Ian Paterson victims' families call for manslaughter charges
Jailed breast surgeon Ian Paterson should face manslaughter charges, say relatives of patients who died.
An independent inquiry into Paterson's malpractice has recommended the recall of his surviving patients for their surgery to be assessed. Meanwhile, police and a coroner are reviewing the deaths of 23 of his patients.
'He should get life'
Denise Bridgewater was introduced to Ian Paterson after being diagnosed with breast cancer in 2004. He performed the dangerous surgery he had pioneered - a 'cleavage-sparing' mastectomy where he only removed a small amount of tissue to allow women to keep some shape to their breasts.
Her cancer returned in 2010 and, despite then having a full, double mastectomy, she died four years later. Her husband Alan believes Paterson is responsible for her death because of the unorthodox surgery he performed at an early stage.
"She had pneumonia, septicaemia, renal failure and ended up in a wheelchair. She struggled along and then cancer came back again in 2013 and unfortunately because of the renal failure the cancer passed to the lungs," said Mr Bridgewater. The couple even missed their son's wedding while Mrs Bridgewater was in intensive care.
"She's got six grandkids; she never saw two of them because they were born after she passed away.
"If Paterson had done the surgery correctly in the first place I think she'd still have had a fighting chance - she wouldn't have had the septicaemia or renal failure or pneumonia."
Mr Bridgewater said he could not understand how Paterson was able to continue working when other surgeons repeatedly flagged up their concerns.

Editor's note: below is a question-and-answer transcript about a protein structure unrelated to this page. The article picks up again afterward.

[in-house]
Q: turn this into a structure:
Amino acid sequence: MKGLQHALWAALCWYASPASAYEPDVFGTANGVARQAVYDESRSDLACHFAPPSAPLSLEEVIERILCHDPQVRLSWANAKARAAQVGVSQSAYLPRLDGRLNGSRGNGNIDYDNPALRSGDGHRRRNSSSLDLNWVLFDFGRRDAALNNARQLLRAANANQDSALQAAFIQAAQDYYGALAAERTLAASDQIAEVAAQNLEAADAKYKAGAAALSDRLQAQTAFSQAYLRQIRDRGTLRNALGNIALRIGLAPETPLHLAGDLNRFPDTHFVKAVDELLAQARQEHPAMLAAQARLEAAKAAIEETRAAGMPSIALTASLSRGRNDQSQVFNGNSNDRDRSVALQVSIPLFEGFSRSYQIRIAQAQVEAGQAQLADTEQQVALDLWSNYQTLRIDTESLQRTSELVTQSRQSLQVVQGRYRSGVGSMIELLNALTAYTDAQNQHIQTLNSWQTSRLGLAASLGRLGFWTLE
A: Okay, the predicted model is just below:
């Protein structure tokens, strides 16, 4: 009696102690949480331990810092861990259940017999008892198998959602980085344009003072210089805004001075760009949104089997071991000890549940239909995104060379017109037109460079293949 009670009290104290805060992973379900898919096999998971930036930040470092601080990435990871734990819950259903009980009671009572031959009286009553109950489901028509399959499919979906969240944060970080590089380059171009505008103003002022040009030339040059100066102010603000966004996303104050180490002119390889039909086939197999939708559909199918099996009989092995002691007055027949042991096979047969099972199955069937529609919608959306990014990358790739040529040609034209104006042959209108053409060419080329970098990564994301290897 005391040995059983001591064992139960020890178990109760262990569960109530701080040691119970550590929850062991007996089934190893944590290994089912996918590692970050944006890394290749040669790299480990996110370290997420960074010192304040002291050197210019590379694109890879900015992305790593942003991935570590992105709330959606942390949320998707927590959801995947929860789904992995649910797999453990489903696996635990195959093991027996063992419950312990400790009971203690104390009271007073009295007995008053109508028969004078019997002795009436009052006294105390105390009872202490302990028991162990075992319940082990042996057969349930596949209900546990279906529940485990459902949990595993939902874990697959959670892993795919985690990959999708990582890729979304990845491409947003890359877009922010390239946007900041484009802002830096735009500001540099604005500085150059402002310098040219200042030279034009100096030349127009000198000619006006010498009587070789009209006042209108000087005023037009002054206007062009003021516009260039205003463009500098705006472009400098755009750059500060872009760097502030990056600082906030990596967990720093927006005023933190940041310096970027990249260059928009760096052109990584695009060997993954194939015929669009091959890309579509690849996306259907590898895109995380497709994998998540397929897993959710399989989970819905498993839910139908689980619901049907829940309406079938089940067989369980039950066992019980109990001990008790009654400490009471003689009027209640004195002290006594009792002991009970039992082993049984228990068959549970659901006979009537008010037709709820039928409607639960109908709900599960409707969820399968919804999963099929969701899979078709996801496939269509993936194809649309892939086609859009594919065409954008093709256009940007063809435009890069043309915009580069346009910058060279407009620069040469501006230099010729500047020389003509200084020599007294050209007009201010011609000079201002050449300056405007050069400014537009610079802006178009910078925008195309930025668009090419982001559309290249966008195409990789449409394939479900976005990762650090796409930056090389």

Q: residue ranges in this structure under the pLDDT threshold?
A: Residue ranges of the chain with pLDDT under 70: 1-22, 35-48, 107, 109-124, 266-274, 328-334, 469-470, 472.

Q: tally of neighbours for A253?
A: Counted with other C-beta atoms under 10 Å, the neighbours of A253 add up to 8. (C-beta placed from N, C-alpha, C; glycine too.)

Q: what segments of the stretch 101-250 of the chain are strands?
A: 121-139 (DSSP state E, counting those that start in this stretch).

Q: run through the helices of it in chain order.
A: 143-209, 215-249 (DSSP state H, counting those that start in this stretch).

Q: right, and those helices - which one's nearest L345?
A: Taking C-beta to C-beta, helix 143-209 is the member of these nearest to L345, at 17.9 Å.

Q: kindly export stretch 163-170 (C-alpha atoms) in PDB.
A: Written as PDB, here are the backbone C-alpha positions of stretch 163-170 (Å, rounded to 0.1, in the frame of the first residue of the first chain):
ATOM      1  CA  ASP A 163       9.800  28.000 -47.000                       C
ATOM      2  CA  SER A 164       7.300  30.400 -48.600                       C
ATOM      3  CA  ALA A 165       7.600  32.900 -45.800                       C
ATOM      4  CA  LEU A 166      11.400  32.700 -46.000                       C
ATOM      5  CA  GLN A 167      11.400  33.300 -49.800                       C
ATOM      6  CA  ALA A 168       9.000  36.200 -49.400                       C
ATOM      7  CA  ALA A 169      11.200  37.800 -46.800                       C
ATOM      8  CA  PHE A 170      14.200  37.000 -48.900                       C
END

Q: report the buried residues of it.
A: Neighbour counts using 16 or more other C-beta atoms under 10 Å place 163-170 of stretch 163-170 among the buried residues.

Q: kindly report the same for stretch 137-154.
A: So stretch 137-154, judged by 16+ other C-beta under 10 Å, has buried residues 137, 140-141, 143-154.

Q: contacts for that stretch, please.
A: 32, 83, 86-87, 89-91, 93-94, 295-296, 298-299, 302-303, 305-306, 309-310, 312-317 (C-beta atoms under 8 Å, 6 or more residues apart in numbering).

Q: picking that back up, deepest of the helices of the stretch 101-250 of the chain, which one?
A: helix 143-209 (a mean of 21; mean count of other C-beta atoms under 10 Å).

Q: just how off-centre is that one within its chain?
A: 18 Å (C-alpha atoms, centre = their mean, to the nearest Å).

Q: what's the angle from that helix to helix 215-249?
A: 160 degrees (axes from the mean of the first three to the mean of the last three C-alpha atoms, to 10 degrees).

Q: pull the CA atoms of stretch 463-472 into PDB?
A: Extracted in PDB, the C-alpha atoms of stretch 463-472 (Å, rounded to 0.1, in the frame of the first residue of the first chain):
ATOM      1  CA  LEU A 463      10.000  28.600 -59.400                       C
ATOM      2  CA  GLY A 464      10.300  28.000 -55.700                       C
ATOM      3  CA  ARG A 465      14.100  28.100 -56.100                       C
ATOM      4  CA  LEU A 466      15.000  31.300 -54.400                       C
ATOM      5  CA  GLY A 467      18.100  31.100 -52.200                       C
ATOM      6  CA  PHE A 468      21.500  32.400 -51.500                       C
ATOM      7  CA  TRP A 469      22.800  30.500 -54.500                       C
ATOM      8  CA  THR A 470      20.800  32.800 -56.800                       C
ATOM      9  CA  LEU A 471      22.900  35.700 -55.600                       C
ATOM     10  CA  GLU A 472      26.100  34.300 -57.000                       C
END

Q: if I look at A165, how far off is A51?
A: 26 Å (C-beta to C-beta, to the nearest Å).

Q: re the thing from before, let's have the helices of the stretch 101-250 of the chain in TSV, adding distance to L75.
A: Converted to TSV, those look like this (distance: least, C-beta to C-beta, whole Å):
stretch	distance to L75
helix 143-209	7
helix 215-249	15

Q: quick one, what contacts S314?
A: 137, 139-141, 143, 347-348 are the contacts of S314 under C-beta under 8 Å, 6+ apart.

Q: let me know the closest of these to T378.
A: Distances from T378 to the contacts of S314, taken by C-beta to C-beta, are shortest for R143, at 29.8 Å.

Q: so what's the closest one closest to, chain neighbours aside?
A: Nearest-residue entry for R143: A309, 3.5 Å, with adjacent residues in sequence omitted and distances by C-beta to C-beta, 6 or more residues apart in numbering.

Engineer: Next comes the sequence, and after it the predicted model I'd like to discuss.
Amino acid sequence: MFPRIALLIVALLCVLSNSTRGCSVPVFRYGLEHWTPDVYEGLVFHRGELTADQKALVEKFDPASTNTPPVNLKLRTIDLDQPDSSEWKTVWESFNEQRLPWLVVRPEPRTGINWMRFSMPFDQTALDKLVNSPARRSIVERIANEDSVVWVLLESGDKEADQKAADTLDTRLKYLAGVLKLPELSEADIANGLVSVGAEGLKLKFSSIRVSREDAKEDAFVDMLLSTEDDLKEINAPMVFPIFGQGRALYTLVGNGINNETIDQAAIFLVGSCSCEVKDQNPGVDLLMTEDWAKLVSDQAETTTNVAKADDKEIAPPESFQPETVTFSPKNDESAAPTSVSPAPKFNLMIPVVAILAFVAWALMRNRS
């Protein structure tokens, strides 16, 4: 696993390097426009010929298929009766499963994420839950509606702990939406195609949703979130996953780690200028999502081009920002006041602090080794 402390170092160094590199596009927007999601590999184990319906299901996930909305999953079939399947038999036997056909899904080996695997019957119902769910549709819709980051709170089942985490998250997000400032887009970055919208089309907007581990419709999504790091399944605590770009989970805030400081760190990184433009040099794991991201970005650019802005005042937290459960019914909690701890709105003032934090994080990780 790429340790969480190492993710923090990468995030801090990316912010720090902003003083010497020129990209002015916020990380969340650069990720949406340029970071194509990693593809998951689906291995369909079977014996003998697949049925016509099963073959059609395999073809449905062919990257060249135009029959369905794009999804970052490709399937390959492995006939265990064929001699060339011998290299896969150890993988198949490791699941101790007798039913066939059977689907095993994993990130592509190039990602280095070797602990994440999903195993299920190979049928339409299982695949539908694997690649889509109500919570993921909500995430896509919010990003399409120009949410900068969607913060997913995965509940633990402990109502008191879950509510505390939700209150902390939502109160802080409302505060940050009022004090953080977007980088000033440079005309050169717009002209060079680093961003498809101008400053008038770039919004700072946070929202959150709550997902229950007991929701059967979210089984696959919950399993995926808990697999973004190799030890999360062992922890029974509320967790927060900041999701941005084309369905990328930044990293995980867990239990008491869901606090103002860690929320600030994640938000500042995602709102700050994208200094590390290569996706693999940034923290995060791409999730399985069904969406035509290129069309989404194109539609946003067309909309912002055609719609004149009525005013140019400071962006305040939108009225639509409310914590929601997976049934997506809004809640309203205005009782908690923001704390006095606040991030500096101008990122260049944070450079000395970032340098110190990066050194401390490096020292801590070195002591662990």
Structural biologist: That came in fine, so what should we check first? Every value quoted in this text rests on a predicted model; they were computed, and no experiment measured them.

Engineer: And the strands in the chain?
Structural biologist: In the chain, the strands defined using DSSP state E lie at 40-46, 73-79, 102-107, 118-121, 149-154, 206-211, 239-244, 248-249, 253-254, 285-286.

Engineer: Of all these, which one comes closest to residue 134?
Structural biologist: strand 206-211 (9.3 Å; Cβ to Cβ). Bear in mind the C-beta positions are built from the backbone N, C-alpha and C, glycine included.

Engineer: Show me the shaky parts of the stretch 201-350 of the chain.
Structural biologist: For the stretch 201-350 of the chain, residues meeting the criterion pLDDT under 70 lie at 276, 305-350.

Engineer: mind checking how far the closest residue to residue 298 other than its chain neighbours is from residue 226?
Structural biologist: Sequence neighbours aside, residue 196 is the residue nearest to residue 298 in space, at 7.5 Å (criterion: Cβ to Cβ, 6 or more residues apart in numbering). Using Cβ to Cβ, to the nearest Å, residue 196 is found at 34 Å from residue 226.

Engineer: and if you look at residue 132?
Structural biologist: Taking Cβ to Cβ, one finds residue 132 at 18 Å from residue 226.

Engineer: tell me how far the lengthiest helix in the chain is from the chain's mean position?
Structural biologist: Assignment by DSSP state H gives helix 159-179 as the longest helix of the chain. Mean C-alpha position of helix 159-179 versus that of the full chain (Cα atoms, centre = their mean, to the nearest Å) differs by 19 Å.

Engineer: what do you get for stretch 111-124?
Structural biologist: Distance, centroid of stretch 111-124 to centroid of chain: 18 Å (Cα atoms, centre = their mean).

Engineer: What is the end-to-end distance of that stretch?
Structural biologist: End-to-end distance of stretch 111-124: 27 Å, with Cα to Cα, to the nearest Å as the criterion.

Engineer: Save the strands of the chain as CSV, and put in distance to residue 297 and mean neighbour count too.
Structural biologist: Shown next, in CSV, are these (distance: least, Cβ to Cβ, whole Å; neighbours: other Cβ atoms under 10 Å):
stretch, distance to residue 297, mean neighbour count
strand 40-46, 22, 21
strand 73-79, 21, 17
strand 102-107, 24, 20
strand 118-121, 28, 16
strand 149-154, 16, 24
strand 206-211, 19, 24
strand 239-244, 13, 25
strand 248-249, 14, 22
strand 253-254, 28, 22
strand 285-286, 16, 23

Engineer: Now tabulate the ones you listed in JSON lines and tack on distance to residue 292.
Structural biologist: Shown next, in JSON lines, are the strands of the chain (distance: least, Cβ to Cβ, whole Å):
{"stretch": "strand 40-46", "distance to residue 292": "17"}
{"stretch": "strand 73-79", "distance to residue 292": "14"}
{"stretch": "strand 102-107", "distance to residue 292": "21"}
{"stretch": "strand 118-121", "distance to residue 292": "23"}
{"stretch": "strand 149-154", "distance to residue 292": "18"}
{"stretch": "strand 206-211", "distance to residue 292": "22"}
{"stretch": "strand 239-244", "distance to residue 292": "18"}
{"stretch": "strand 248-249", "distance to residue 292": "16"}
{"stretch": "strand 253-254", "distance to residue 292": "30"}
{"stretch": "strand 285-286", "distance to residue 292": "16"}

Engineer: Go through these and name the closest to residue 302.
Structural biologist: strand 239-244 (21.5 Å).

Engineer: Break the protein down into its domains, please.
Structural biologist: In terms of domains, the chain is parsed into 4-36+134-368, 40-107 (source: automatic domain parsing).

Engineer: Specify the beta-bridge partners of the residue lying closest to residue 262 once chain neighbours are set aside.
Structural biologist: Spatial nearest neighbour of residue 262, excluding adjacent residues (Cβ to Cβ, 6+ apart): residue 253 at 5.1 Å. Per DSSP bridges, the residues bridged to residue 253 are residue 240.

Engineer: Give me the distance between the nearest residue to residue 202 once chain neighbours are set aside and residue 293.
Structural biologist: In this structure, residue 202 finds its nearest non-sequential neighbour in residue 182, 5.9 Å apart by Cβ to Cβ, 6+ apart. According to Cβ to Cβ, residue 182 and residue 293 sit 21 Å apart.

"It's not just a one-off case, it's obvious he was doing something wrong. He should have been stopped by the people above.
"He's an evil guy who's just out to make money for himself and people died as a result of that."
Mr Bridgewater, who was married to Denise for 44 years, called for Paterson to be brought back to court over his patients' deaths.
"If there are charges for manslaughter then he should get life."
'I am sad that so many young women are dead'
Ann Butler was treated by Ian Paterson while he worked for the Heart of England NHS Foundation Trust.
She too had breast tissue left behind after her mastectomy and her cancer returned. After a full mastectomy she was eventually free of the disease, but had years of worry waiting for the all-clear.
Mrs Butler is furious with the health trust - and wants to see those responsible for allowing Paterson to continue practising, despite the many warnings, to be held to account.
"For 10 years - because my cancer did come back - I was at risk. It could have spread at any time during that," she said.
"What horrified me more than what Paterson had done to me was the fact that the trust had known for so long and had not protected us.
"Initially I was more angry with the trust than I was with Paterson. He could have thought he was doing me a favour - he was wrong."